Most of the customs, lore, symbols, and rituals associated with “Christmas” actually are linked to Winter Solstice celebrations of ancient Pagan cultures. While Christian mythology is interwoven with contemporary observances of this holiday time, its Pagan nature is still strong and apparent. Pagans today can readily re-Paganize Christmastime and the secular New Year by giving a Pagan spiritual focus to existing holiday customs and by creating new traditions that draw on ancient ways. Here are some ways to do this:
How To Celebrate As A Pagan
Celebrate Yule with a series of rituals, feasts, and other activities. In most ancient cultures, the celebration lasted more than a day.
Have Winter Solstice Eve and Day be the central focus for your household, and conceptualize other holiday festivities, including New Year’s office parties and Christmas visits with Christian relatives, as part of your Solstice celebration. By adopting this perspective, Pagan parents can help their children develop an understanding of the multicultural and interfaith aspects of this holiday time and view “Christmas” as just another form of Solstice. Have gift exchanges and feasts over the course of several days and nights as was done of old. Party hearty on New Year’s Eve not just to welcome in the new calendar year, but also to welcome the new solar year. Adorn the home with sacred herbs and colors.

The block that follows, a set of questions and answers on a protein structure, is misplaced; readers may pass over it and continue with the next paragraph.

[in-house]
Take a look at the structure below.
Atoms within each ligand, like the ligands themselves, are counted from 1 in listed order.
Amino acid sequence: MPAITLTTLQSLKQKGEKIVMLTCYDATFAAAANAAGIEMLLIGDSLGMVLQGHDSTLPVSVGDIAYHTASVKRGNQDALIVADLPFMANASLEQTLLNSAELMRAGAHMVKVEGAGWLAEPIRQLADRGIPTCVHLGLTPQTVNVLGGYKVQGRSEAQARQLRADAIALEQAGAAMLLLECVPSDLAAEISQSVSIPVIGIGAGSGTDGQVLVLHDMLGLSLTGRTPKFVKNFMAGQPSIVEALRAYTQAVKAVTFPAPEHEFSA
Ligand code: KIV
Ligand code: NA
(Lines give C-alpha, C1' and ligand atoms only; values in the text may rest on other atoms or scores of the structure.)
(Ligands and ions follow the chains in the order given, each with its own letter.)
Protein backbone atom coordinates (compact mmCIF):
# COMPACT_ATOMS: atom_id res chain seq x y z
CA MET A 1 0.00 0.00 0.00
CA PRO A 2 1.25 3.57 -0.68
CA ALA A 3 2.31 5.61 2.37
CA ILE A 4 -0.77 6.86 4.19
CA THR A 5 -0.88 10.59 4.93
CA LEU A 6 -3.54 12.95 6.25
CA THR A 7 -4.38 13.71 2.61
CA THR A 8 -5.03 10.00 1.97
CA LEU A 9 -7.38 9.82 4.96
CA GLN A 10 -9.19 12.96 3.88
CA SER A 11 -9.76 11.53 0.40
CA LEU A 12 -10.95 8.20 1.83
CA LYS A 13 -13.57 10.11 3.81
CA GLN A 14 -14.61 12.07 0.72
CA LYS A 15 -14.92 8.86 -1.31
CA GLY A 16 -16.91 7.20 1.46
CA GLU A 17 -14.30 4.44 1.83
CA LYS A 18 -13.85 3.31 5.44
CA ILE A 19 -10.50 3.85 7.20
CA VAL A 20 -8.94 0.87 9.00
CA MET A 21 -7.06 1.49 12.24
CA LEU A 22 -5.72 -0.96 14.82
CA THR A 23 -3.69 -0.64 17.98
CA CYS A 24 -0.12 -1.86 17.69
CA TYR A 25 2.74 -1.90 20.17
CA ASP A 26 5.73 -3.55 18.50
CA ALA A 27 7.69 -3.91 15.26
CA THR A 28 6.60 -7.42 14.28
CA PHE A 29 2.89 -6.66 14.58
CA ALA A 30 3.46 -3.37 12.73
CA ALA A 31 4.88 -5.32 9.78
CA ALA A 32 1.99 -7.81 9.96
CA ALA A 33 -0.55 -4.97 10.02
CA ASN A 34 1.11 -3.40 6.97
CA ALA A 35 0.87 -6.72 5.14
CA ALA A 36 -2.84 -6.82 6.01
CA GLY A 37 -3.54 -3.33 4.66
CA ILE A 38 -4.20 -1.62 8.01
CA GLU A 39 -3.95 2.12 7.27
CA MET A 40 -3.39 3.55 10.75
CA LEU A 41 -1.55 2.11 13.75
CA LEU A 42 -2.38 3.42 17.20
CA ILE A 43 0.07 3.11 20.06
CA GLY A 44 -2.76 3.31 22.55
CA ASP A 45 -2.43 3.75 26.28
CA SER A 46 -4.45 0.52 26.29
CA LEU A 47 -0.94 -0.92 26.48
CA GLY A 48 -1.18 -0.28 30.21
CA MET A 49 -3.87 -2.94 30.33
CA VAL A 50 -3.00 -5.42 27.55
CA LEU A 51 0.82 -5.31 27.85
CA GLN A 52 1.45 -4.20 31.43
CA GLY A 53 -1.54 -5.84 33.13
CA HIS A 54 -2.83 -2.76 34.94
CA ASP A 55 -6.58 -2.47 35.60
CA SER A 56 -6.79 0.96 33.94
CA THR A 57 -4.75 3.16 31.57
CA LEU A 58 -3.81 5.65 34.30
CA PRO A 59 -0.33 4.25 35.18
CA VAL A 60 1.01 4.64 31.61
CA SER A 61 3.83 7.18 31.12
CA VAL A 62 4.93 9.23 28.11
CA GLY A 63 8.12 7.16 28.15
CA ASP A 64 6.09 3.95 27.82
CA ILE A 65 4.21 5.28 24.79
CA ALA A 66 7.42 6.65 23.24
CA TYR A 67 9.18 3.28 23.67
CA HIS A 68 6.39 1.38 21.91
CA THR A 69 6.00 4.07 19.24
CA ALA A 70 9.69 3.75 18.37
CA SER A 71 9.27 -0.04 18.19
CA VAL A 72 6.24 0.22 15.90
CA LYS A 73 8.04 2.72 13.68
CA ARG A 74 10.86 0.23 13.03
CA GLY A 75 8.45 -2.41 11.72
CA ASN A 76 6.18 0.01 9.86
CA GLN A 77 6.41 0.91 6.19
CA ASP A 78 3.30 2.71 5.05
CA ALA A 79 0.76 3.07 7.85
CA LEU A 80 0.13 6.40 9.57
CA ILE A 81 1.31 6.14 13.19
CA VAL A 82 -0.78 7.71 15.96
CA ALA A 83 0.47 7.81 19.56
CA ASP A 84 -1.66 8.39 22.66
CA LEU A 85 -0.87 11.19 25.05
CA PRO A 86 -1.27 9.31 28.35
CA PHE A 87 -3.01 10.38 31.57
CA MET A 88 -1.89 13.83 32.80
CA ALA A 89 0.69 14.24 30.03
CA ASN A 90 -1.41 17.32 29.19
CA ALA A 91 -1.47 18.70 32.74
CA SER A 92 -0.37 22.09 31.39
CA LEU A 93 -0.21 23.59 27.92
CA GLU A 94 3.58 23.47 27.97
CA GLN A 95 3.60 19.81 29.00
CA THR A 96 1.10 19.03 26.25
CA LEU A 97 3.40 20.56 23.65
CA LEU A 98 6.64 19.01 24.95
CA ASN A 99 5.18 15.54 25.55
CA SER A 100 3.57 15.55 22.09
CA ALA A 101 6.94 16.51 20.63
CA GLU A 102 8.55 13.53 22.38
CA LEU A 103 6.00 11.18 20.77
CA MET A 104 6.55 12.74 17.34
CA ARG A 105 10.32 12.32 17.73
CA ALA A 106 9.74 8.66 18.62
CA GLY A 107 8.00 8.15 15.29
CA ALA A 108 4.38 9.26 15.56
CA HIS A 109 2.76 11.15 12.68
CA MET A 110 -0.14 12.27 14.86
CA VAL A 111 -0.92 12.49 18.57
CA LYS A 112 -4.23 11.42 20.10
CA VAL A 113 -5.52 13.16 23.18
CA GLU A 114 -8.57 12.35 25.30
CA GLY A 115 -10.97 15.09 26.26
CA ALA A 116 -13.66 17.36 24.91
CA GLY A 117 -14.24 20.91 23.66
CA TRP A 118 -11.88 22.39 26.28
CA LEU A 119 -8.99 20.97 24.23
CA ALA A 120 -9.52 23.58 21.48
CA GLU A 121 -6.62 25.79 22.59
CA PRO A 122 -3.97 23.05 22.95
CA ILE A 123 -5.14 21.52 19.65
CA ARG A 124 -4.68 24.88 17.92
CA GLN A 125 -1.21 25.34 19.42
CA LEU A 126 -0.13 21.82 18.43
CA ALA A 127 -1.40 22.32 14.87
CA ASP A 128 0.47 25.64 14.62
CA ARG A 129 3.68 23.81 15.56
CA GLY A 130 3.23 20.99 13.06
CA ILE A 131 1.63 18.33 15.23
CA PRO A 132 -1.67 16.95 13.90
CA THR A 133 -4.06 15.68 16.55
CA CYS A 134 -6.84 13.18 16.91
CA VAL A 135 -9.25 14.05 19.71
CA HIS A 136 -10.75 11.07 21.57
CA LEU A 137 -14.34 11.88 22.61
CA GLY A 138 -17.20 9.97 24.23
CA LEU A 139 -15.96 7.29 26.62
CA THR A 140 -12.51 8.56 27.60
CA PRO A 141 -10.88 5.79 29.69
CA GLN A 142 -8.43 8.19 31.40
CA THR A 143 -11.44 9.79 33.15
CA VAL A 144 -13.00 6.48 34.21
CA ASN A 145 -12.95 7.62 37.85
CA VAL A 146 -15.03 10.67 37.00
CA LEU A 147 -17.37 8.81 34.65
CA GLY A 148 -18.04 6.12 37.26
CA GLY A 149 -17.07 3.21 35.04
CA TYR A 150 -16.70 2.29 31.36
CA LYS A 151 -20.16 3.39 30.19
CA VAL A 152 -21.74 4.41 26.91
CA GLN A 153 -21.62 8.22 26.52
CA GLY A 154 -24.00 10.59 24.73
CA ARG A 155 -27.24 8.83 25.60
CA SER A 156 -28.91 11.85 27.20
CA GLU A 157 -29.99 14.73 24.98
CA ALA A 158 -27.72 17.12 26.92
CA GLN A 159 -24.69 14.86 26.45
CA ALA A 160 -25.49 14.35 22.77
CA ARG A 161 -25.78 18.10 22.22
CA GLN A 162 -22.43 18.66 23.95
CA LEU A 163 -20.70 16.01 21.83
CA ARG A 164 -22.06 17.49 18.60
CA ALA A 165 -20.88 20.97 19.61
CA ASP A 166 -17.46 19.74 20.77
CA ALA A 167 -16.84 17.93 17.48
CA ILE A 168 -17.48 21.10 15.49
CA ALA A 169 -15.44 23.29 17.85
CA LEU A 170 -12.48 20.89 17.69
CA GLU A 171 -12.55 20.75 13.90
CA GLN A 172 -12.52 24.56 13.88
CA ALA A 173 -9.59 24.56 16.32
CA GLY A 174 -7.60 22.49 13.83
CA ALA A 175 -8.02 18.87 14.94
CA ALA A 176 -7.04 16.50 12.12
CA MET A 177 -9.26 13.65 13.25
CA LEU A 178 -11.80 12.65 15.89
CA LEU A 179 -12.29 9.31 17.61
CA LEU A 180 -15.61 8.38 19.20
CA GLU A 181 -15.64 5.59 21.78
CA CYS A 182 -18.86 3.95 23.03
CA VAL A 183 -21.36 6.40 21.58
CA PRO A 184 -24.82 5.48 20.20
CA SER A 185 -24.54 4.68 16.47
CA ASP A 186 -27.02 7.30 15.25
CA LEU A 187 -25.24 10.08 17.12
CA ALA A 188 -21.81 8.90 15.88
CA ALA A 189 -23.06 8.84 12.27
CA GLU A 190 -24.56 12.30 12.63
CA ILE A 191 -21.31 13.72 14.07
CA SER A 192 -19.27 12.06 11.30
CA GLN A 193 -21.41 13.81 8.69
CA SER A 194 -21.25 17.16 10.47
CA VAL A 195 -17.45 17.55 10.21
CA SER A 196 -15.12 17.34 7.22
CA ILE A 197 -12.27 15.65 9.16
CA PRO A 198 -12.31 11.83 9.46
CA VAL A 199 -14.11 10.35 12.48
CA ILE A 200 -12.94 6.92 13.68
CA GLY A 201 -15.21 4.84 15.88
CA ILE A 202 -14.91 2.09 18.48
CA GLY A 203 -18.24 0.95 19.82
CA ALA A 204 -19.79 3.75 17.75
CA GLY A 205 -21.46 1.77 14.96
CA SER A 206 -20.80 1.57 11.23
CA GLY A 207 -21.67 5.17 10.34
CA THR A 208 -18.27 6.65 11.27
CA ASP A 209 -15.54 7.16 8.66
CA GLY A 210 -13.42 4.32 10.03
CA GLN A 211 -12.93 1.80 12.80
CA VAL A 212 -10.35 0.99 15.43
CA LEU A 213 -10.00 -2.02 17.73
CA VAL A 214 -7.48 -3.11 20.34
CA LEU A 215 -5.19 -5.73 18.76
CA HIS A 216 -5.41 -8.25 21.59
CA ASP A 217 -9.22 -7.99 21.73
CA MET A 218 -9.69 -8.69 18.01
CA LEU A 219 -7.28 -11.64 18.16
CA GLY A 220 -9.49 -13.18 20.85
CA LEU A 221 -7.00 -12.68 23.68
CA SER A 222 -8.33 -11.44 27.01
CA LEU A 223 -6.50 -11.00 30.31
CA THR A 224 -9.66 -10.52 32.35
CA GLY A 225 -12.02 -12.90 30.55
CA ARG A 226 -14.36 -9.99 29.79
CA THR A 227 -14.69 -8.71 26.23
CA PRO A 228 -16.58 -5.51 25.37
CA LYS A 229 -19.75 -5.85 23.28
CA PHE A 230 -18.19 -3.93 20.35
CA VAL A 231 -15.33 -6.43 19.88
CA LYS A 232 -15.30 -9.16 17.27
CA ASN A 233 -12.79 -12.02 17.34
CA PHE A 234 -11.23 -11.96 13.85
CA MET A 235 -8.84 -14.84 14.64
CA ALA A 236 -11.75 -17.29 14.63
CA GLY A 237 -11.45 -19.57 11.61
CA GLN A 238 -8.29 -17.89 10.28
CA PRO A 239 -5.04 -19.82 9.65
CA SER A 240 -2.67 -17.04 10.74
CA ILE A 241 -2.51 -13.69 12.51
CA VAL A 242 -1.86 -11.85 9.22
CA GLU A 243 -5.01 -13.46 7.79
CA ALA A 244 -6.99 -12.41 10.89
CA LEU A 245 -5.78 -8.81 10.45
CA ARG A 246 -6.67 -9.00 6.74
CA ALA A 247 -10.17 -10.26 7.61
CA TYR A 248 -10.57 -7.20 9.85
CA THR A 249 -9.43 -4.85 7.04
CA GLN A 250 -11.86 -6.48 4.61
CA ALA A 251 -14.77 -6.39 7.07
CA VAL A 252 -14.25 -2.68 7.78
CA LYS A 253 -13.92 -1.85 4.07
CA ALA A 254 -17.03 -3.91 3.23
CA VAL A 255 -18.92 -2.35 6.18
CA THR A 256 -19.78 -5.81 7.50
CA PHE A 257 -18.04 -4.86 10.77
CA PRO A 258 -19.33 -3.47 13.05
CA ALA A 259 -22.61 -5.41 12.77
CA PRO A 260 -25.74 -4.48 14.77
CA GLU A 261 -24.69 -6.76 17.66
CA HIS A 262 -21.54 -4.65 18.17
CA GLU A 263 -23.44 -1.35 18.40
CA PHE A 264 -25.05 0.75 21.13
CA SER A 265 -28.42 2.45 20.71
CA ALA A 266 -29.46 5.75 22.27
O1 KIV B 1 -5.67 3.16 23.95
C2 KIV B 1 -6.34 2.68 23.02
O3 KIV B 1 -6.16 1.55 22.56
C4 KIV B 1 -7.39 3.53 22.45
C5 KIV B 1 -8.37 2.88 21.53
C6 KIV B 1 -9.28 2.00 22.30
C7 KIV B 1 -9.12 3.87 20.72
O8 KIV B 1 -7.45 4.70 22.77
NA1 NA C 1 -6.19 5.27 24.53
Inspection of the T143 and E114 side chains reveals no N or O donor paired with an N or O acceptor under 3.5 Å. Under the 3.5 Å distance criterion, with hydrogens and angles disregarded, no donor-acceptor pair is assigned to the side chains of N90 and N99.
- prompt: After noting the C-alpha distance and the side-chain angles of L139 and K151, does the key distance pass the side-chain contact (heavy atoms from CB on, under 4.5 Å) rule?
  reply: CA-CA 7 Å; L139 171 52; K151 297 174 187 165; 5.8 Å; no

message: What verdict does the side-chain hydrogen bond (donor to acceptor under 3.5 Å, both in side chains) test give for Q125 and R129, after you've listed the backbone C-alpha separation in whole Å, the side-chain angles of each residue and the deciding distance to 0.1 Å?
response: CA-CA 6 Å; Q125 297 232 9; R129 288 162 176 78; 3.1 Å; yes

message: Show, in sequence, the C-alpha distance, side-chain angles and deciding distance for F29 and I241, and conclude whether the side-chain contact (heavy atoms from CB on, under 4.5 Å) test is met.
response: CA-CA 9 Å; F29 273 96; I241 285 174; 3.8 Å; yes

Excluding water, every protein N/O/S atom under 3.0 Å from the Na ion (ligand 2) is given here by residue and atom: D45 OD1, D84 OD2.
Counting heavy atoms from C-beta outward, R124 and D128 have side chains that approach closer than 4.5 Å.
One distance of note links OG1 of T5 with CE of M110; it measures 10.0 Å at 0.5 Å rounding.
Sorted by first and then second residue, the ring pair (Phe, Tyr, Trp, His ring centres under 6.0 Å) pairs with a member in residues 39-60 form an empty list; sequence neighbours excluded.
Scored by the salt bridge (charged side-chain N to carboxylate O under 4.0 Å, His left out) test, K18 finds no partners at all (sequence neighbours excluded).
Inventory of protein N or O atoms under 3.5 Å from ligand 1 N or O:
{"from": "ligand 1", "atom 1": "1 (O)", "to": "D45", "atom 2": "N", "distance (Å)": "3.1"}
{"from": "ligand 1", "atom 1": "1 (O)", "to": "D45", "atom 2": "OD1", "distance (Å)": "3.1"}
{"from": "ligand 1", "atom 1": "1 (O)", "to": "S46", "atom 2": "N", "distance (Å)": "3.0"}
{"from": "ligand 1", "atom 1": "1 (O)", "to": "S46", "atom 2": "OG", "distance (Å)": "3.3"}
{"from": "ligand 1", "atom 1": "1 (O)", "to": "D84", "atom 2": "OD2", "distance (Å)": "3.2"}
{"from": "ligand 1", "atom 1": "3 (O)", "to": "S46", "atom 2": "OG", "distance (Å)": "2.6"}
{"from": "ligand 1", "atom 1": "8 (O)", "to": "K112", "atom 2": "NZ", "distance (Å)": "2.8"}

Decorate your home in Druidic holiday colors red, green, and white. Place holly, ivy, evergreen boughs, and pine cones around your home, especially in areas where socializing takes place. Hang a sprig of mistletoe above a major threshold and leave it there until next Yule as a charm for good luck throughout the year. Have family/household members join together to make or purchase an evergreen wreath. Include holiday herbs in it and then place it on your front door to symbolize the continuity of life and the wheel of the year. If you choose to have a living or a harvested evergreen tree as part of your holiday decorations, call it a Solstice tree and decorate it with Pagan symbols.